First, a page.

For decades, Thailand has been a tourist destination with extremely dangerous roads. That danger was evident yet again this week when four young Swedish tourists and their Thai driver were killed in a head-on collision on the Thai island of Phuket.
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According to the Phuket Gazette, the accident happened yesterday morning while the four Swedes and their driver were on their way to Koh Tao, one of Thailand's most famous diving spots. The compact car the five were traveling in was hit head-on by a six-wheel refrigerated truck. The five were killed instantly.
The Swedes were Johan Olof Nikolas Svensson, Frida Madeleine Falk, Anders Tobias Larsson, and Elin Marita Hedbris. They were 21 and 22-years old. Their Thai driver, Wichit Phromluang, was 26.
As often happens in Thailand, the driver of the truck escaped serious injury, and fled the scene. Phuket police are now looking for him. When caught he will likely apologize and then state he wants to become a Buddhist monk for a few months, in an effort to escape severe punishment. Again, something that happens so often in Thailand now, Thais even joke about it.
The dangers on Thailand's roads are well-known by foreigners like myself, who've lived in the country for years. Many of us don't travel long journeys on Thai roads, either on buses or in cars, as there are simply too many accidents. Flying is often the safest way to go.
Unfortunately, foreign tourists seem to be unaware of Thailand's dangerous roads, as is evidenced by the number of tourist traffic deaths every year. Due to this ignorance, there's currently a campaign in the UK run by a group of British mothers who lost their young adult children in bus accidents while on Thailand vacations, and who now want to make others aware of the dangers.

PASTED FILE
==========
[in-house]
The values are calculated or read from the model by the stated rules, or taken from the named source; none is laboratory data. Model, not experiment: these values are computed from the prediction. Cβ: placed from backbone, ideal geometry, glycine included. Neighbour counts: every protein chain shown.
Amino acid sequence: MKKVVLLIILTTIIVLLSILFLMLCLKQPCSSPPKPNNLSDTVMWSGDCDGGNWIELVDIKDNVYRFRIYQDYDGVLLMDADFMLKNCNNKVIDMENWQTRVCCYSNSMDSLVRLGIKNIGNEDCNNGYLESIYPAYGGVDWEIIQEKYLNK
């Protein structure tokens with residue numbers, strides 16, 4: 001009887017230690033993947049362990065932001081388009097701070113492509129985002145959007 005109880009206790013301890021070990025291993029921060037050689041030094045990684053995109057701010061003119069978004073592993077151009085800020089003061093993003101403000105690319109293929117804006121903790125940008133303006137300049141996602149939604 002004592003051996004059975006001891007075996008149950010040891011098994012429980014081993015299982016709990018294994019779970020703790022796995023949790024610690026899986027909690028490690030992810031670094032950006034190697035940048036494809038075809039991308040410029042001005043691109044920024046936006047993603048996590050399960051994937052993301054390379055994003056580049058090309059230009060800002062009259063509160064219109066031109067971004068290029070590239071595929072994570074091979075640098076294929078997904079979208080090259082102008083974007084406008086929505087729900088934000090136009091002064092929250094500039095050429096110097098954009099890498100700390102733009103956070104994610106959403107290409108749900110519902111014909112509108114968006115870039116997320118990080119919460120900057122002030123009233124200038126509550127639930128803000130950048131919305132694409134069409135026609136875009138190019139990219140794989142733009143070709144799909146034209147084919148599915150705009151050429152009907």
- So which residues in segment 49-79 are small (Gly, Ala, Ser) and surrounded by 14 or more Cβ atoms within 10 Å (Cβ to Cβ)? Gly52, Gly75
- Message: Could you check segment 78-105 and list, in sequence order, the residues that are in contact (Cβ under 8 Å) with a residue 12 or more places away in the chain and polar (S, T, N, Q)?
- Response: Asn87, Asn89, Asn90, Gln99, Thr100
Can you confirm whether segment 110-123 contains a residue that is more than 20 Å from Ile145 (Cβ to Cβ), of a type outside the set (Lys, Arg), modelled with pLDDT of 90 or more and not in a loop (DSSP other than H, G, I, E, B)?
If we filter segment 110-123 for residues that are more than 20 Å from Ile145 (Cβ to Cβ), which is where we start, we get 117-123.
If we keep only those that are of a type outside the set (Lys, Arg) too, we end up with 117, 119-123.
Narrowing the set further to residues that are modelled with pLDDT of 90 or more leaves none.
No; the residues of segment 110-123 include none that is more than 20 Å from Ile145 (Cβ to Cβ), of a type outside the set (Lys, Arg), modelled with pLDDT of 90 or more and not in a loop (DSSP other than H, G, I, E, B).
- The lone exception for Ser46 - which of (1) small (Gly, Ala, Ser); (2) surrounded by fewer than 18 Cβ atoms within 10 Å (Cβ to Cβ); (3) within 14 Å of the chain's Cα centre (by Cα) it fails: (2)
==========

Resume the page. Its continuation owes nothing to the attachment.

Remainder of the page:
Their campaign has been so successful, even the British Foreign Office is sitting up and taking notice, and starting to warn British tourists to Thailand about the danger of Thai roads.
The cause of many of Thailand's accidents is drunk-driving, excessive speed, and a plethora of drivers who drive without licenses.
According to the British Foreign Office, more than 12,000 people are killed on Thai roads every year, an enormous amount for a country with a population the same size as the UK, where deaths caused by traffic accidents rarely reach more than 3,000. In reality, most Thais will tell you that number is a lot higher. The deaths are just not always reported by local officials.
The Thai government does run safe driving and anti-drinking-and-driving campaigns regularly but, as traffic violations are rarely ticketed by Thailand's police force, they're currently fighting a losing battle.
Meanwhile, the bodies of the four Swedish tourists and their Thai driver have been taken to Vachira Phuket Hospital. The families of the Swedes are being assisted by the Swedish Embassy in Bangkok.